Cab. Metro. Velib. RER. Bus. Walking. When one needs to go somewhere in Paris, the first tough decision one has to take is how one is going to arrive to the destination. "Should I take a cab, which would be faster? Or the metro, which is cheaper? Do I want to walk or bike and enjoy the weather? Or maybe the bus cause its raining? Or am I going to the suburbs and need the RER?" One has the freedom to choose from an immense amount of ways to move from place to place. As a result, getting bored is very difficult.

Les Gares

The Parisian Gares are an important vein of transport for France and all of Europe. Perhaps the most important is la Gare du Nord, which is the third most frequented station in the world, after two in Japan. Interestingly, we encountered an exposition consisting of a video camera that recorded travelers in the station and projected the image on a large screen with a lag of several seconds. Passengers and Mme Levet stopped and amused themselves with this simple but entertaining exposition. 

Les lignes et les stations de métro
The Métropolitain (metro) in Paris is very well spread and easily accessible. With sixteen lines, it is unlikely to walk for more than ten minutes without seeing a metro stop. These lines create a winding and complicated grid over the map of Paris. Each line has is unique color and range from having old, worn cars to new, speed trains. In addition to the lines, many of the metro stops, particularly closer to the center of the city, have their own personality. Such as the stop "Arts et Métiers" which has a submarine theme and "Louvre-Rivoli" had replicas of statues from the Louvre Museum.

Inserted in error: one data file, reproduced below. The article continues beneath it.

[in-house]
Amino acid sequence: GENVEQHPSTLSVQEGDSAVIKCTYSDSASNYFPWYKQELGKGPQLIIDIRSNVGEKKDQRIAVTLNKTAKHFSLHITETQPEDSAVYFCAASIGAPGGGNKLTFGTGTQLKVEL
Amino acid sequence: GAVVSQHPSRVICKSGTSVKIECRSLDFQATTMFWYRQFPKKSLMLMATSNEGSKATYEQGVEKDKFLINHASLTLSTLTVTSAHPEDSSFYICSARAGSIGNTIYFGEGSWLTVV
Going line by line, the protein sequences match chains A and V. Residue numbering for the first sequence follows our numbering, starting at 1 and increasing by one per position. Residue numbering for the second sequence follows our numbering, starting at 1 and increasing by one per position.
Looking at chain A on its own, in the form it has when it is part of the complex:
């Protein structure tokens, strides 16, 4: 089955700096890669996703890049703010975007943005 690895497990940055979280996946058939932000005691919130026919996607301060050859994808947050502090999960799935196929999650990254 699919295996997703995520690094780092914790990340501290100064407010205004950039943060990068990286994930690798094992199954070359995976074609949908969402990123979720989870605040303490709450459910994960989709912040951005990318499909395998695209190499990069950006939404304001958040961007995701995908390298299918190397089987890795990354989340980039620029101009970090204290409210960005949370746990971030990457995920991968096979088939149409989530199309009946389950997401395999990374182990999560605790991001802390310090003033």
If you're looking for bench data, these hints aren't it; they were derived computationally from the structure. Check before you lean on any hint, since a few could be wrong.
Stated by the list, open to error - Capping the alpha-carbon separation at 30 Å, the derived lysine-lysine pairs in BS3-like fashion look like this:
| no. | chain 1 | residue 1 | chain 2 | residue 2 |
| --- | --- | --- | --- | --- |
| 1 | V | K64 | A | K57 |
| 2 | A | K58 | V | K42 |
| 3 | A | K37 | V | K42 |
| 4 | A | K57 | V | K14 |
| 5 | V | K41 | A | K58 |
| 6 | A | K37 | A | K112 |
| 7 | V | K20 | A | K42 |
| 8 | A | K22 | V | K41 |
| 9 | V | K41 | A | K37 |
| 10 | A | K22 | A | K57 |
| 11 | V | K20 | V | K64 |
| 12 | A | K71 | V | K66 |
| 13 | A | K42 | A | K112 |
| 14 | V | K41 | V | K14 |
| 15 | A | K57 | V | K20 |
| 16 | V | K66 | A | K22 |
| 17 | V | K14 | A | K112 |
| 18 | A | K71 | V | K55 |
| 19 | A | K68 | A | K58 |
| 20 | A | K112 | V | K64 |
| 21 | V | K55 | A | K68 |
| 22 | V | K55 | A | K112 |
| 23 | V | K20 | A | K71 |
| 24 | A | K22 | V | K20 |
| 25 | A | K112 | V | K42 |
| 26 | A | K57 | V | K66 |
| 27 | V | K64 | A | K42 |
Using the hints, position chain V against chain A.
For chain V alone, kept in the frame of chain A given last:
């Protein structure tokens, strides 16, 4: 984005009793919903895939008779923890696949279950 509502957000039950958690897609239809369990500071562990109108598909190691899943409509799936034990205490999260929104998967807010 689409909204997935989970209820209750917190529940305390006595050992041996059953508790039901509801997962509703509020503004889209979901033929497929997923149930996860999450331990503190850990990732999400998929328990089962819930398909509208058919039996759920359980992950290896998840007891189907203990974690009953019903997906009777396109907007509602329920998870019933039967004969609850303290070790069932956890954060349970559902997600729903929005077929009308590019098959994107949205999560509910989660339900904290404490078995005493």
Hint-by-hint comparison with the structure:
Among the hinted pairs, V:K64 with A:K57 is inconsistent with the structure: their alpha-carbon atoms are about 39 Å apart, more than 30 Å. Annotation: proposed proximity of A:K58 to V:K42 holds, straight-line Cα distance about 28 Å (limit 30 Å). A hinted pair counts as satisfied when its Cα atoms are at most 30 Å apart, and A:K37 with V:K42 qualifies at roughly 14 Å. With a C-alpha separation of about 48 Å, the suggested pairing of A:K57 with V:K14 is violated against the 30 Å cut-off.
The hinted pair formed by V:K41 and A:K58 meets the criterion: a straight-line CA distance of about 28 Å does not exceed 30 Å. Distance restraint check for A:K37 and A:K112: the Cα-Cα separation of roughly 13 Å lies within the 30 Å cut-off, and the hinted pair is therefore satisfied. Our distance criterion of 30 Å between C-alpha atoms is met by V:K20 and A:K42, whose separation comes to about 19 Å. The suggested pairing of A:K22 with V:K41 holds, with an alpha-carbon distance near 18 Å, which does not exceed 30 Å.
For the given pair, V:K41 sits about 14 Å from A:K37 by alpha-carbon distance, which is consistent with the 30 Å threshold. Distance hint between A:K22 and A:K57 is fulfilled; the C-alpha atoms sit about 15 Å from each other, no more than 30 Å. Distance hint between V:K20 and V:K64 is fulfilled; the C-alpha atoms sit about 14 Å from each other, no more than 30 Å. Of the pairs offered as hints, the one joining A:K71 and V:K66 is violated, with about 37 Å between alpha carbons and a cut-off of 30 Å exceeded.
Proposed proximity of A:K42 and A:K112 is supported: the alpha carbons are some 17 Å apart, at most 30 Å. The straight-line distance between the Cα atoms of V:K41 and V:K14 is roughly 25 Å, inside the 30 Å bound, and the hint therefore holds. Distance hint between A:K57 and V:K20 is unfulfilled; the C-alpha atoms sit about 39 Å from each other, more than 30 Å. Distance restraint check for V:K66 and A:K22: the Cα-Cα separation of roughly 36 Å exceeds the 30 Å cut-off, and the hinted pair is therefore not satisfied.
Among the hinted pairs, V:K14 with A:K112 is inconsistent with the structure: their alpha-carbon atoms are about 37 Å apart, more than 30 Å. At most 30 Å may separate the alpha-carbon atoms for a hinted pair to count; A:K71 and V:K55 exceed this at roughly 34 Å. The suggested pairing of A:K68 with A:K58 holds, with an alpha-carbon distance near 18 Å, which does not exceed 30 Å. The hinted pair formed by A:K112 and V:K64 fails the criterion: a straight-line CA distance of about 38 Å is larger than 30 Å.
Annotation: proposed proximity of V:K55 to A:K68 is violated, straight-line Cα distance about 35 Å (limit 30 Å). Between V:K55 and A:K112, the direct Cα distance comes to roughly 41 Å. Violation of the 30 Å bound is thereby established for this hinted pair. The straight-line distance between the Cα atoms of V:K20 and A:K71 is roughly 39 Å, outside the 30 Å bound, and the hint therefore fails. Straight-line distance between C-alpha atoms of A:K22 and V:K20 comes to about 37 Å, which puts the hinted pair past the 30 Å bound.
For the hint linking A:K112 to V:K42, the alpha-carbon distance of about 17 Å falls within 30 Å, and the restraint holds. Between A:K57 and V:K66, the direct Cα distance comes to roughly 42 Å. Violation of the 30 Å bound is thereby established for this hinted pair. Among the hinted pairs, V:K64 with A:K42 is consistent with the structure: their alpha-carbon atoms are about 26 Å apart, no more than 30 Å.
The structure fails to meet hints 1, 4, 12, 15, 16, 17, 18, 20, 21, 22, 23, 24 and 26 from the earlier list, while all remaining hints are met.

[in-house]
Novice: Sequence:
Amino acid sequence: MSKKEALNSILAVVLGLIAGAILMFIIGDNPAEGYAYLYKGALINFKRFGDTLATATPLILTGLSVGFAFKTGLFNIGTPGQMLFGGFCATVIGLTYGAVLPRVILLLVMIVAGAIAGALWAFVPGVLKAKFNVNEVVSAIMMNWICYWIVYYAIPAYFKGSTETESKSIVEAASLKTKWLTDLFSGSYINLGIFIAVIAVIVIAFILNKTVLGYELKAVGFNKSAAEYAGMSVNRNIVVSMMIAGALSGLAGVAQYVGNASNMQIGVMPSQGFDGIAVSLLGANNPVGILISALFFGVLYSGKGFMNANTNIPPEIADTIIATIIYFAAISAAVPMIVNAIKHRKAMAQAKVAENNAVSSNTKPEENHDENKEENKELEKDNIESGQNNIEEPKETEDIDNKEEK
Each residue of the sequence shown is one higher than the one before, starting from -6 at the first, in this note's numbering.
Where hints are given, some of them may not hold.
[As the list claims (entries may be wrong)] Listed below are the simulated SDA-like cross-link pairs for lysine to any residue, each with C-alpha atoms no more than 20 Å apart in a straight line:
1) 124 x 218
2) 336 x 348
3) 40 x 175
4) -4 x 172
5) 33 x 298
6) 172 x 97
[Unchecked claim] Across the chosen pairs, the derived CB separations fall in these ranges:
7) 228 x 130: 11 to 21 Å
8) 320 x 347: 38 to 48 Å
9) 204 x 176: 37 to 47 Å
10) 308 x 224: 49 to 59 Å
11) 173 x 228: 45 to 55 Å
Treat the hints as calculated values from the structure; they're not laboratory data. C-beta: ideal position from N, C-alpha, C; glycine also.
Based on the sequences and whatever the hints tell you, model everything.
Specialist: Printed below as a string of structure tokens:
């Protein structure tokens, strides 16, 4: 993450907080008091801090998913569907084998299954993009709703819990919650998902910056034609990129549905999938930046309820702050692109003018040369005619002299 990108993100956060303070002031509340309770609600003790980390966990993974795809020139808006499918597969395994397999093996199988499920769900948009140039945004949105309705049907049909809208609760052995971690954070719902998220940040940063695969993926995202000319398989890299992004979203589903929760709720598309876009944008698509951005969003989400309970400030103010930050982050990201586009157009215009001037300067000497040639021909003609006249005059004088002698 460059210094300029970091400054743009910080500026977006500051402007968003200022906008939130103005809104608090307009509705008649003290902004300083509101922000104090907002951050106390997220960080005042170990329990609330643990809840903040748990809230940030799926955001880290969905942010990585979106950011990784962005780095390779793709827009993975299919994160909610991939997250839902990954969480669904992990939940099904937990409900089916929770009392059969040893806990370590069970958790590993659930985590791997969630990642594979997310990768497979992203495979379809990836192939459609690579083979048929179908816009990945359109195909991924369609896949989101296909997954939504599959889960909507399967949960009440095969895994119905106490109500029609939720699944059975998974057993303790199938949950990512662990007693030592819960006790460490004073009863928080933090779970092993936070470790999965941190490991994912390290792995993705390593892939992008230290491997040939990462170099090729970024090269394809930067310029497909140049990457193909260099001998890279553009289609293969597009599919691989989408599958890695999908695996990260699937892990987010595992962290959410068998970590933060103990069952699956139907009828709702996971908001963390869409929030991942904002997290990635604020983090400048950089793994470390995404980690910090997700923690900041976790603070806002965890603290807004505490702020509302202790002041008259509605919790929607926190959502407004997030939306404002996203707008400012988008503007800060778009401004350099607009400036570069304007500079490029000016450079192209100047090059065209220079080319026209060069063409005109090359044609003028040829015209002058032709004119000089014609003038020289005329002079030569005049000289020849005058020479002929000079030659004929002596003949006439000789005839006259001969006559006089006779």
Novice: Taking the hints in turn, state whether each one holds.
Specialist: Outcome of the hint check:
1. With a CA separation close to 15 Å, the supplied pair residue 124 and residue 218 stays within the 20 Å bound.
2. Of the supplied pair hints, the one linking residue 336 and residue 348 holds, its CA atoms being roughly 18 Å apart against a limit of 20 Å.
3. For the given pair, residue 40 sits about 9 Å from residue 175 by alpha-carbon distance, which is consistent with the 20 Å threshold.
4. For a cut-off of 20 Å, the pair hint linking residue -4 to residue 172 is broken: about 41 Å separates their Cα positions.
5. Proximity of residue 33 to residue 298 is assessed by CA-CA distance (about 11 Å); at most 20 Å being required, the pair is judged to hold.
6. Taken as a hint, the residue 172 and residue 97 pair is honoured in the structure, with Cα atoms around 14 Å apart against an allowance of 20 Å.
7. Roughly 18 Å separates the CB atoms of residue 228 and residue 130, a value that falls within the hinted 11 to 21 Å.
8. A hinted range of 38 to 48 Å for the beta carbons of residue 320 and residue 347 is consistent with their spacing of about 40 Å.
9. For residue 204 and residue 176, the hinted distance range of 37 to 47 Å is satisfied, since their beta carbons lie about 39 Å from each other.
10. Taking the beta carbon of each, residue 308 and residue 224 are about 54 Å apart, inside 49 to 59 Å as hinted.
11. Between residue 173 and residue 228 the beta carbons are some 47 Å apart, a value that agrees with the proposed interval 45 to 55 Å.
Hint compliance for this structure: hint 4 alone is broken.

Vélib’ is a combination of two French words “vélo liberté” which in English means bicycle freedom.  This is a relatively new initiative in Paris of public bicycle renting.  Bicycle stations of Vélib’ can be seen all around the city and are created to be user-friendly.  While we did not have the opportunity to ride on this mode, which is quite popular in Paris, I had the opportunity of helping Mme. Levet take out a bicycle.  To a nice surprise, I was really impressed with the ease as well as security built in to the system (to prevent others from stealing someone’s password or smartcard).  While initially I was quite anxious to ride on Vélib’, after seeing the wild and courageous attitude of other riders who would overtake cars and make turns out of order, I realized I was too afraid to take on this city …on a bicycle, that is.



One time, as we rushed to get on the metro, I saw a man who had just missed the train. As we moved past him, I saw him do an “oh well” gesture, and I thought, “wow, he’s not even pissed off.”